-Water- For those of you who intend to take baby swimming, hold your (sea)horses! You can definitely enjoy the pool or the lake with baby with a few caveats. Front or hip carries only and don't submerge baby, which means don't submerge yourself higher than your waist. If you have a very young infant or newborn, I wouldn't recommend going into the water at all. However, hanging out poolside or beach side to watch your older kiddos swim and splash is perfectly fine. Also, use a carrier that is designed to be submerged in water. Using other types of carriers that have not been tested for water use, especially with prolonged exposure to chlorine, can cause damage to the material, webbing or buckles.

Dress for Success
Dress yourself in light layers with cool, breathable, natural fabrics, like cotton and linen. Dress baby lightly. A single onesie is probably sufficient. You may also want to have a light muslin cloth diaper or burp rag to lay across your chest. That precious sleeping baby face on your bosom gets sweaty and sticky fast!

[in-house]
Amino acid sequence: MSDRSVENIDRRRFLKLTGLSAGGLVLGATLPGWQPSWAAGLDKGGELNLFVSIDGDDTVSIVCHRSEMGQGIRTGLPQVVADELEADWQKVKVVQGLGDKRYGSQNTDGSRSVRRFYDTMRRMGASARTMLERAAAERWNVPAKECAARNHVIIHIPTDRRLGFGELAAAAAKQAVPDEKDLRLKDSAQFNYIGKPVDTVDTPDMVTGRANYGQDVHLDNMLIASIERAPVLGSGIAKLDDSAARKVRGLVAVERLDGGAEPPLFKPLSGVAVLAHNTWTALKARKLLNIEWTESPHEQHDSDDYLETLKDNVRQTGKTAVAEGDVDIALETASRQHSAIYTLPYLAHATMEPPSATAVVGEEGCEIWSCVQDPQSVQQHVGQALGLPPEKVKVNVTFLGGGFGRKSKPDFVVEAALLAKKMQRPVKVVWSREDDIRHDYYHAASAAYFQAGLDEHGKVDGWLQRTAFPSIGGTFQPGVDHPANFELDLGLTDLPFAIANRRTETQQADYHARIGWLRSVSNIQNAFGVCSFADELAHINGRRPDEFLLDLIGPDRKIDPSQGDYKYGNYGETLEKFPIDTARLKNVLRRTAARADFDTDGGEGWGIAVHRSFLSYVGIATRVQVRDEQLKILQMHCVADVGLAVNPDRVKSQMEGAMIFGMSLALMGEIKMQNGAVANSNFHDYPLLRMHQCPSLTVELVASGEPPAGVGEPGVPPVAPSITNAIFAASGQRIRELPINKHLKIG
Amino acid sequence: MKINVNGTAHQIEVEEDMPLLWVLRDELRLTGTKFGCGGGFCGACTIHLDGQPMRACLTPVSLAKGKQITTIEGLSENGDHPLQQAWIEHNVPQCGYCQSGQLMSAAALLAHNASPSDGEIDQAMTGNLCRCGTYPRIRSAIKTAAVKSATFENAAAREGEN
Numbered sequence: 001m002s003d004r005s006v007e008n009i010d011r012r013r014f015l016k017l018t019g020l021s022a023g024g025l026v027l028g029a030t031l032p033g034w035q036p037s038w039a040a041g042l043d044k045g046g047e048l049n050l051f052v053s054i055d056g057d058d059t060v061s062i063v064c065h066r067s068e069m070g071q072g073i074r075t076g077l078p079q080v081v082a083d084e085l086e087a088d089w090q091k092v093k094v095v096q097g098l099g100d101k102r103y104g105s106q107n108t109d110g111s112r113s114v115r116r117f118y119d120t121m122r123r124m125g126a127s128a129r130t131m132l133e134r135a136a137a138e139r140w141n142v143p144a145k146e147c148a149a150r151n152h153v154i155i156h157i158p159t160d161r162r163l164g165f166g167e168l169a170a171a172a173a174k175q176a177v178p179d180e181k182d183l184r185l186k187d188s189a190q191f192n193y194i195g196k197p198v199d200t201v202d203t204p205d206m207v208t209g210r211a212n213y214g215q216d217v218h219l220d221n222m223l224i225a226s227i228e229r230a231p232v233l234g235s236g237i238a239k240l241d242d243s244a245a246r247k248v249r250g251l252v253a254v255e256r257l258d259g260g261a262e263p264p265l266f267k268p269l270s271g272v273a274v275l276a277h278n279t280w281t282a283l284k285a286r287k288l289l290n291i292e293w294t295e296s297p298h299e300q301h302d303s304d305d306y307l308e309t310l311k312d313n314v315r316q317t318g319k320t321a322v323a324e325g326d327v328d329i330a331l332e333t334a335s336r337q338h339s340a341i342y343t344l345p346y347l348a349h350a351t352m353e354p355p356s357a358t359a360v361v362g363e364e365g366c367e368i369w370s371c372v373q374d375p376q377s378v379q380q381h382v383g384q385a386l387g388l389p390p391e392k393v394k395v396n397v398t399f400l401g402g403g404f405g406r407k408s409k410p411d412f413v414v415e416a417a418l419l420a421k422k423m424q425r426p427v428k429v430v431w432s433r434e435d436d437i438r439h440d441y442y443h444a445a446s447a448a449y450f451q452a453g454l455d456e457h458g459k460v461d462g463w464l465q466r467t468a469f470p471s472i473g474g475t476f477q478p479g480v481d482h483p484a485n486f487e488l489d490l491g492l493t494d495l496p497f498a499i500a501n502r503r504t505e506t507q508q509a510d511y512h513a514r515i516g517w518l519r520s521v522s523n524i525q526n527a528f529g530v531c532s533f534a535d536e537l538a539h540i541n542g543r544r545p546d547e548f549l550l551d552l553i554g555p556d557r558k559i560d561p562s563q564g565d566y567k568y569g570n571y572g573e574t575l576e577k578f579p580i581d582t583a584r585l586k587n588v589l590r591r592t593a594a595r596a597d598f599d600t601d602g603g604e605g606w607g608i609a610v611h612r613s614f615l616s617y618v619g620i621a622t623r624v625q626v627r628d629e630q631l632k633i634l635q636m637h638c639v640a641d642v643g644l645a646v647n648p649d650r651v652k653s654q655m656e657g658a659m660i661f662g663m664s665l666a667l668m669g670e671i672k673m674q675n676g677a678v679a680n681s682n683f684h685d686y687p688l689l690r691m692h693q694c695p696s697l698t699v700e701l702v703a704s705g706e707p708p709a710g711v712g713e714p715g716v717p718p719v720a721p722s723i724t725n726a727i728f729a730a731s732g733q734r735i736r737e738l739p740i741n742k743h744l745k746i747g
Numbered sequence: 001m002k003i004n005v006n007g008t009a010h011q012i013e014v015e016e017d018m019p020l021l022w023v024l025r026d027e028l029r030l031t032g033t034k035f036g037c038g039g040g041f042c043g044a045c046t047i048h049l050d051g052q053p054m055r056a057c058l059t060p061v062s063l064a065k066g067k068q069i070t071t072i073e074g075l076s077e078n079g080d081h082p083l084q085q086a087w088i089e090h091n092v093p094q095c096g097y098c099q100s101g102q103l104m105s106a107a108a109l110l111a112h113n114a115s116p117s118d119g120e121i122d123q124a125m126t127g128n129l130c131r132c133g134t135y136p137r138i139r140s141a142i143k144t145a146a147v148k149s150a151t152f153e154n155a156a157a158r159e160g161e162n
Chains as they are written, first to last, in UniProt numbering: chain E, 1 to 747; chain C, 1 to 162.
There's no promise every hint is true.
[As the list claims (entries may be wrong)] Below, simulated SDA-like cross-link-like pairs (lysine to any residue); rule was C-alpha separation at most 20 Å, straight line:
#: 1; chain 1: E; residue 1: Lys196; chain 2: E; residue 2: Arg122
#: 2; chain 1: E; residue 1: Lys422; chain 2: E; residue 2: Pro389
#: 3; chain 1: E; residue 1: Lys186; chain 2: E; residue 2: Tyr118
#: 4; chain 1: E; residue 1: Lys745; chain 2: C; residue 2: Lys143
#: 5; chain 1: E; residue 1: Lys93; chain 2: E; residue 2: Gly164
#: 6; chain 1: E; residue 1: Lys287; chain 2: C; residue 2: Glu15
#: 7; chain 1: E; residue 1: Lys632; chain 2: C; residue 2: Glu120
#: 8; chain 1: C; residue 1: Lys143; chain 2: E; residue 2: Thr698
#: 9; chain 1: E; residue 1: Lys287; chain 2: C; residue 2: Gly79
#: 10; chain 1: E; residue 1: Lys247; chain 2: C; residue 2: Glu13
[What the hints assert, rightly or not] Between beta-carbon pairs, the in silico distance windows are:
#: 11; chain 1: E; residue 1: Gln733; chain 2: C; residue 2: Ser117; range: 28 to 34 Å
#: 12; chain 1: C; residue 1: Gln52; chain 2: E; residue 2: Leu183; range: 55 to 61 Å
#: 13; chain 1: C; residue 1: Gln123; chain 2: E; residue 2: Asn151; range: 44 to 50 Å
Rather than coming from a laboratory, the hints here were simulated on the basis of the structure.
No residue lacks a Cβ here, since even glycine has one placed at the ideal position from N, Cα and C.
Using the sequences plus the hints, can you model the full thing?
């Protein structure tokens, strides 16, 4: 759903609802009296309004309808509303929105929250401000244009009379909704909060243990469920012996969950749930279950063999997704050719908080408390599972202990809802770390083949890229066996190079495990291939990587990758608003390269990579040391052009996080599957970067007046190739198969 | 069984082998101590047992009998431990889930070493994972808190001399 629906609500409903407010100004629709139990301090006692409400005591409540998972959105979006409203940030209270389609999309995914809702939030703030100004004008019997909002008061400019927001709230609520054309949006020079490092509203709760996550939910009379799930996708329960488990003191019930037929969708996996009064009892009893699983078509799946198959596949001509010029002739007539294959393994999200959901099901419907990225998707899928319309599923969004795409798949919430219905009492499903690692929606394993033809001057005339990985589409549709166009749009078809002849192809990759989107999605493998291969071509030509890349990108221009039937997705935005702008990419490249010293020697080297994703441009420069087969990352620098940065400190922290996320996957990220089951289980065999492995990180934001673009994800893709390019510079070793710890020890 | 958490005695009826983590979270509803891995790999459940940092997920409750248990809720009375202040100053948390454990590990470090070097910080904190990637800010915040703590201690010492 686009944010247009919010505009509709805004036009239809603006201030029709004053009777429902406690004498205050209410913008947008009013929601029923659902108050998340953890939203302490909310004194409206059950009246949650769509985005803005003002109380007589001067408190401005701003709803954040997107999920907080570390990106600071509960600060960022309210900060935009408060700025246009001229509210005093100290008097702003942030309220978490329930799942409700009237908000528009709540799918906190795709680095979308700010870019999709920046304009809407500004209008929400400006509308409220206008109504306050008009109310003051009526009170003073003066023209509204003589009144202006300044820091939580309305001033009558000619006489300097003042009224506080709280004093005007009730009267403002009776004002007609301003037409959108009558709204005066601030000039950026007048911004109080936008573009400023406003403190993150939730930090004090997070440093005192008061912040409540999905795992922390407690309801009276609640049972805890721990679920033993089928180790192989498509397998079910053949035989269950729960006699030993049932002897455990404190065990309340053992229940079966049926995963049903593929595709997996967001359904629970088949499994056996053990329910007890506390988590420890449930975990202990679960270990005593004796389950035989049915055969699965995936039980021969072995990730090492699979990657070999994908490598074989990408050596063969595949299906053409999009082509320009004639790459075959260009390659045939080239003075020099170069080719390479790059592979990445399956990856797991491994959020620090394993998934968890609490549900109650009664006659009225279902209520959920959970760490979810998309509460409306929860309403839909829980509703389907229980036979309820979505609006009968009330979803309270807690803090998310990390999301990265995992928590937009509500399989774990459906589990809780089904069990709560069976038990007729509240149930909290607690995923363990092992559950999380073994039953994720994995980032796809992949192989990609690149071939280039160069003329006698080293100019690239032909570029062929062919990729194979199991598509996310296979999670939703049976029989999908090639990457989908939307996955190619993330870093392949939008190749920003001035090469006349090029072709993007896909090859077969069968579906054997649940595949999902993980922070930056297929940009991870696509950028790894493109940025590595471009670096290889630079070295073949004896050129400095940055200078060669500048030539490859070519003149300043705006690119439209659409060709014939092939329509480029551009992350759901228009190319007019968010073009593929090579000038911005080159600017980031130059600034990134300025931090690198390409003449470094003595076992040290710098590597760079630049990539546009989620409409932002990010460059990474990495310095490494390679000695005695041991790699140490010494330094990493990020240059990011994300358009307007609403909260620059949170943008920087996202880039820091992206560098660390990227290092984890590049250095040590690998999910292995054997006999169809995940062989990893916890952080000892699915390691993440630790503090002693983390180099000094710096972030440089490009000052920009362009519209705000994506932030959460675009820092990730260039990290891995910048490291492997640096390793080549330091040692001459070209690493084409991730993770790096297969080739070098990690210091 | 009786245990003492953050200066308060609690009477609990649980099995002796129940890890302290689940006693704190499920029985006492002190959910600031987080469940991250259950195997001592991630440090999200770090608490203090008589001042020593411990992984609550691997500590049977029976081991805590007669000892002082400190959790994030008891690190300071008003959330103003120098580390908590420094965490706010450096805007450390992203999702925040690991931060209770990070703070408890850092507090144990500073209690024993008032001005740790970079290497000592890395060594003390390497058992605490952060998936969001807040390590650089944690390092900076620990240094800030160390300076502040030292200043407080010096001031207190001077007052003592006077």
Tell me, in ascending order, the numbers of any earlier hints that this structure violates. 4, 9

VBE Whitney rests in the shade with her newborn in a mesh ring sling

Overheating

Despite our best efforts to avoid it, our little ones can still be at risk for overheating. Know the signs of heatstroke and seek medical attention immediately. Don't second guess yourself. The consequences of being wrong and calling an ambulance are embarrassment but the consequences of being right and not calling for help could be deadly. If you think you or your baby are getting too warm, seek shade or, preferably, an indoor area with air conditioning. Remove baby from the carrier and pat down skin with a cool, damp cloth. If baby is simply overheated and not in heat stroke, make sure you and baby drink plenty of cool fluids (or milk for babies younger than 4 months) and then take the rest of the day off from outdoor adventures.

Infographic: Watch out for Heat Stroke